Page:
We strain the eyes to behold the things we cherish.

This is why eye contact with a loved one is important. When I participate in wedding ceremonies my favorite thing to do while the bride is walking in is to get a good look and the groom… that man’s eyes are always fixed on his bride while she’s entering and walking toward him.

Who do Christians behold? Who does your church behold?

I’m in the seventh week of a bible study with several folks in my church called “Behold Your God“. My take-away from last night’s discussion and last week’s bible study has me considering what this church beholds; what would others think we consider the most cherished person we behold?

Think about it with me…

Christians and churches know that we would answer the question of who we behold to be God Himself. (Yes, the “Sunday School” answer is correct.) But is this who we really behold?

If only we would do an honest evaluation of ourselves, this would reveal who/what we really behold. The way we talk about what we really behold reveals that we may likely be cherishing any one but God.

We may be showing other people that we don’t cherish God at all. We may only be using a form of religion to promote what we really cherish.

  • Behold our theme: Think about how we love our themes; as good as it is to have a theme for the year, a theme for a conference, a theme for Vacation Bible School, a theme for today, etc, notice what happens to us once we commit to a theme, we become promoters of our theme.
  • Behold our creativity: Go to a conference on church growth some time. Listen on purpose. Do be wooed by the creative presenter who talks about creativity and how many people his creative ways and thinking attract so many people. That idol of creativity offers no spiritually dead soul any real hope.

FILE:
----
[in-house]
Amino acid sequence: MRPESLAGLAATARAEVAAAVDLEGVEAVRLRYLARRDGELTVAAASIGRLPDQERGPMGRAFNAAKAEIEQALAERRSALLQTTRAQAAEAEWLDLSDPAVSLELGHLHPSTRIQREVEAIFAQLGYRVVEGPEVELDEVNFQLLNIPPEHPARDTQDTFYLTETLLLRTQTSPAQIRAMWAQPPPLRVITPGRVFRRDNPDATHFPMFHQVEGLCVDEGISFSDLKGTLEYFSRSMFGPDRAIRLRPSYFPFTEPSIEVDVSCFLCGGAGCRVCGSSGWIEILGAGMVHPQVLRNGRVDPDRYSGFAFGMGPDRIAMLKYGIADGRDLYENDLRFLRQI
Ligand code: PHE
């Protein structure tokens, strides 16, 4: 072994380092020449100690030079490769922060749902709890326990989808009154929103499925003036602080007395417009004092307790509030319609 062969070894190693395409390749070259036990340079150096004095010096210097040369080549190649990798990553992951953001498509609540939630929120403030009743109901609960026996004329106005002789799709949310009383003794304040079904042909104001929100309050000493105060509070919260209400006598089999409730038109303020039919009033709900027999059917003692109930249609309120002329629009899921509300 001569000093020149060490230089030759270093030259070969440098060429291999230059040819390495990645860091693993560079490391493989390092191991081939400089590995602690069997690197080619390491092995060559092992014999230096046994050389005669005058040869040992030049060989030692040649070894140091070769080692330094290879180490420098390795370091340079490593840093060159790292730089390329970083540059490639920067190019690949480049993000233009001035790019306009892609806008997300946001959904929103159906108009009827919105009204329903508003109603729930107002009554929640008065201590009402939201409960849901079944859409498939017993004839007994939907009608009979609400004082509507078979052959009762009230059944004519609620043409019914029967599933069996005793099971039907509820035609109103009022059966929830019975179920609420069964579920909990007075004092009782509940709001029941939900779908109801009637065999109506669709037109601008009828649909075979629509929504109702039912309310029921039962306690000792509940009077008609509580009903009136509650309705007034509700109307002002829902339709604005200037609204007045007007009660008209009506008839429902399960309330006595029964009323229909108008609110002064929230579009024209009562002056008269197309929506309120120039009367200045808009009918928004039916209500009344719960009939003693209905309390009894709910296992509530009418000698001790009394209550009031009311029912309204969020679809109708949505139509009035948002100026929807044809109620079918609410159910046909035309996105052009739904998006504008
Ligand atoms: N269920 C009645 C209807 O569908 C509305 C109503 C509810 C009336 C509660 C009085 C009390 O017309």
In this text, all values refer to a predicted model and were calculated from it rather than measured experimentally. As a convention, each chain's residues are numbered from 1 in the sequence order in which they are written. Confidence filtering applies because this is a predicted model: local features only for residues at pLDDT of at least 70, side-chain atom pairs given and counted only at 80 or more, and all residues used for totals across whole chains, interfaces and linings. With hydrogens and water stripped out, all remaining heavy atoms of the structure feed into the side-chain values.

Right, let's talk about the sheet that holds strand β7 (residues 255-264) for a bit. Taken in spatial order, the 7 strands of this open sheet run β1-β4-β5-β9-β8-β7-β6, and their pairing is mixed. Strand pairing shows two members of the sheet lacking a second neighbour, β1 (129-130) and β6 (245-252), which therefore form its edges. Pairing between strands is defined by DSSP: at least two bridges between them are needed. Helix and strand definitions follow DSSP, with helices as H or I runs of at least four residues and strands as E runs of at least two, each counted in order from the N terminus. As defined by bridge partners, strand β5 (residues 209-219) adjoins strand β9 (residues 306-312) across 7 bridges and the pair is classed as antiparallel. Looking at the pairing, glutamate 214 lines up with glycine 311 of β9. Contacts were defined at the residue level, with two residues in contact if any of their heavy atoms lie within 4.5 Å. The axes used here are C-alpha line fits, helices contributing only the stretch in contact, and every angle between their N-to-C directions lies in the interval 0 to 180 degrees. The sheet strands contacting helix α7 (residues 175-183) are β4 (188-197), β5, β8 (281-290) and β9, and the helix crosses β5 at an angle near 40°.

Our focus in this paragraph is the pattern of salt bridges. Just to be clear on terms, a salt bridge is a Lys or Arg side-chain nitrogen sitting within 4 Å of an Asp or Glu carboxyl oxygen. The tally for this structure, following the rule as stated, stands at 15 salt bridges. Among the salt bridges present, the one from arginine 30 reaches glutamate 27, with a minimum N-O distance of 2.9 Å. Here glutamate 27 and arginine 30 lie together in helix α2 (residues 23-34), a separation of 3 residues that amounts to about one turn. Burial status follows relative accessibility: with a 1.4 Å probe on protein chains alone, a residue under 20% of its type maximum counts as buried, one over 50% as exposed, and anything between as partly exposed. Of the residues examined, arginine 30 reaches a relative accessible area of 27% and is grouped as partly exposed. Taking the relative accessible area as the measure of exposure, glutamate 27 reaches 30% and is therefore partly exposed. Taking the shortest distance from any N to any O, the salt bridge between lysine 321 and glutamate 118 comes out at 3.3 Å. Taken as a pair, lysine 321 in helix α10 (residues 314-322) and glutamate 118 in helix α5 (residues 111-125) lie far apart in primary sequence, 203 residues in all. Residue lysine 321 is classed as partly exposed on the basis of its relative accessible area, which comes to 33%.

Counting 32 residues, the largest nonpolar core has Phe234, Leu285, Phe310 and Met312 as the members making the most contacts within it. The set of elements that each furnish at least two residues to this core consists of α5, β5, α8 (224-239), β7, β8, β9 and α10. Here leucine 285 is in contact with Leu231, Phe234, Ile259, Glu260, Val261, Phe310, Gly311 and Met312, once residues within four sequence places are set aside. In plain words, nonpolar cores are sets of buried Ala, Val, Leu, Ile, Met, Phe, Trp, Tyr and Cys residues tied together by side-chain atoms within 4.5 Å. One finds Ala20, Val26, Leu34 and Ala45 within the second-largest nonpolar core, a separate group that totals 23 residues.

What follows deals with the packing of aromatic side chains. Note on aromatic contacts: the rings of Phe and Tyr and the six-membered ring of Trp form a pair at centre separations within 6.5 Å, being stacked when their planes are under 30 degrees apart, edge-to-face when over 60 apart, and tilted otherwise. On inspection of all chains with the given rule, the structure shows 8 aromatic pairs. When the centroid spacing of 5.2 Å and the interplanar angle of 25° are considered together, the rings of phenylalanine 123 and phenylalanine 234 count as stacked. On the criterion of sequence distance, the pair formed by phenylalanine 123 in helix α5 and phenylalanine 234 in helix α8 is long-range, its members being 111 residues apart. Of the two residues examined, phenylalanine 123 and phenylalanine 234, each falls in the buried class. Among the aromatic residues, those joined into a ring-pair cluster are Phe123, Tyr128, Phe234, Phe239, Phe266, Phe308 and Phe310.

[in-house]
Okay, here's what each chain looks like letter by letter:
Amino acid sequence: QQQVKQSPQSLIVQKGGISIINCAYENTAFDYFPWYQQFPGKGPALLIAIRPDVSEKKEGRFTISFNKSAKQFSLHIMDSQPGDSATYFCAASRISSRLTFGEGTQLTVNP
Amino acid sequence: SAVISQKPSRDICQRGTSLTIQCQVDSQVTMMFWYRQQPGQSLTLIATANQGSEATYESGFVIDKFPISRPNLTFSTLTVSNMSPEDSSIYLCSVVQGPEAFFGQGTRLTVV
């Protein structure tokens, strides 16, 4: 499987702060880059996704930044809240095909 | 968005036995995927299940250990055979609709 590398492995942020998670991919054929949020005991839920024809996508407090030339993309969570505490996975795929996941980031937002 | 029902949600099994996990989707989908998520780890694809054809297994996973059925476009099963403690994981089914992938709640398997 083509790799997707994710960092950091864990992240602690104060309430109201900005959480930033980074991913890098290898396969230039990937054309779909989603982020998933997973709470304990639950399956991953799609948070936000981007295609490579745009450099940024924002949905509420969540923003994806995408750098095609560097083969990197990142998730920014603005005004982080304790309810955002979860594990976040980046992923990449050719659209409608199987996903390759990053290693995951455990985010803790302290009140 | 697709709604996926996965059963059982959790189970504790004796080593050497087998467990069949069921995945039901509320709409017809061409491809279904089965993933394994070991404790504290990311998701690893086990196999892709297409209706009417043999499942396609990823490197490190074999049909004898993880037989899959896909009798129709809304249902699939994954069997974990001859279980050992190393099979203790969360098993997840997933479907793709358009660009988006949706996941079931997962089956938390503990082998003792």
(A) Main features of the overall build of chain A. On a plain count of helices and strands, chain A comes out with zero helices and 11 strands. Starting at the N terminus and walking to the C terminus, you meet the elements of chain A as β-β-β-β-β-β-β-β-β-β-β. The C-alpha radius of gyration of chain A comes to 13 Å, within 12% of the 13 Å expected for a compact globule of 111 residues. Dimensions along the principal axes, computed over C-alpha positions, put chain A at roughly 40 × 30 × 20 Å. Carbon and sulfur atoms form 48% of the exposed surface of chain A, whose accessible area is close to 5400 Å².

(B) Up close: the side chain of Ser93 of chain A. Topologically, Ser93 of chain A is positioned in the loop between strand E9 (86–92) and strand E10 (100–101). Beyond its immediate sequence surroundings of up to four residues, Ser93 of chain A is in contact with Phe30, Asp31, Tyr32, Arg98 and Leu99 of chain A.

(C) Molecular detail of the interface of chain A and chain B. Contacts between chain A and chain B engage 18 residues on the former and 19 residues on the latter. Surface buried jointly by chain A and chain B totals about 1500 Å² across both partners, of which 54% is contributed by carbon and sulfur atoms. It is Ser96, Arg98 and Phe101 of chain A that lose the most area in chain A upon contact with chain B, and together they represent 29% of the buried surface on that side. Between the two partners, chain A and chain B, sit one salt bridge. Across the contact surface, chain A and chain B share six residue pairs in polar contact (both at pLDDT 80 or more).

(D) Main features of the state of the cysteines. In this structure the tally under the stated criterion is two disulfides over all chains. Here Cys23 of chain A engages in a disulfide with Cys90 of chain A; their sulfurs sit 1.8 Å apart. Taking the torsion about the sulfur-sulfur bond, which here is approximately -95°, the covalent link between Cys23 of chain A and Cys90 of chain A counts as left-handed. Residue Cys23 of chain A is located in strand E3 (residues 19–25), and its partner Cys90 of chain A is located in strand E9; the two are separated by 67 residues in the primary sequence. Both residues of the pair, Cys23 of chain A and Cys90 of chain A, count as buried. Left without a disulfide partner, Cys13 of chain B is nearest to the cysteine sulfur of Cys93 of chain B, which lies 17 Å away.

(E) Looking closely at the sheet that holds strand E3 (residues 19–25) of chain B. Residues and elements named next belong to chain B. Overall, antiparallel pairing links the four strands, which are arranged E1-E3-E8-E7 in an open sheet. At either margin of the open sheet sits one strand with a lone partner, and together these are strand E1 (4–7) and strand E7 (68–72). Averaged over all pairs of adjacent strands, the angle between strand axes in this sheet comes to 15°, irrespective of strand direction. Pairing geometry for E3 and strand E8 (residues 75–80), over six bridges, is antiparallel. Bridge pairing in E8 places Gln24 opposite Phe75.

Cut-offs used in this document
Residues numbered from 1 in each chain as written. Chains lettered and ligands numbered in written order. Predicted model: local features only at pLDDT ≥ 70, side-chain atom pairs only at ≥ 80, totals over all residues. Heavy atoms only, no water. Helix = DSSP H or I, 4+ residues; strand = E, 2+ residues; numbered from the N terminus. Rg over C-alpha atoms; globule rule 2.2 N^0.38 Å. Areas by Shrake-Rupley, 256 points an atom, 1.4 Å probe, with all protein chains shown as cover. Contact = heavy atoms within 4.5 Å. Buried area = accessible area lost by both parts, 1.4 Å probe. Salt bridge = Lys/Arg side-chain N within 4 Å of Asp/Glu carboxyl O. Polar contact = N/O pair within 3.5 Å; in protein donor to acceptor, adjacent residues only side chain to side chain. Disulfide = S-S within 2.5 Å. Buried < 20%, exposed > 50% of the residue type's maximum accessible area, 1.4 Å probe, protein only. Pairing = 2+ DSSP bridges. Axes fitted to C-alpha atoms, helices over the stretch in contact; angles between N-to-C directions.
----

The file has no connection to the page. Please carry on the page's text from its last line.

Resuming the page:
• Behold our method/program: Methods come and go. A survey will be conducted soon. Thousands of dollars will be spent by churches to hire consultants to come in and show them how most everything they are doing is unattractive to the unconverted. The program 20 years ago that gathered new families then will be outdated and replaced with a new one that will offer temporary promises if you employ the strategy rightly you will get the calculated results that the marketing research shows.
  • Behold our ministry: This gets messy here, because now we’re talking about things we really love. Christians love to talk about our “ministries”. This is close to home for me as I consider how we talk about New Horizon Home. But listen, our love for our “ministries” divide churches and Christians more than the color of carpet ever will. Christians will overcome the matter of carpet color far more than the opinion of what ministry is more or most important.
  • Behold our morality: This gets even more messy. Morality is close to holiness (but not necessarily the same thing). When we are more known for our morality than our God, we may be cherishing an idol that again has the appearance of Christianity, but more represents an idol that only enslaves the covert to legalism.

What if the church cherished God?

What if the community knew nothing more about us than the fact that we cherish God? May this be such a church.

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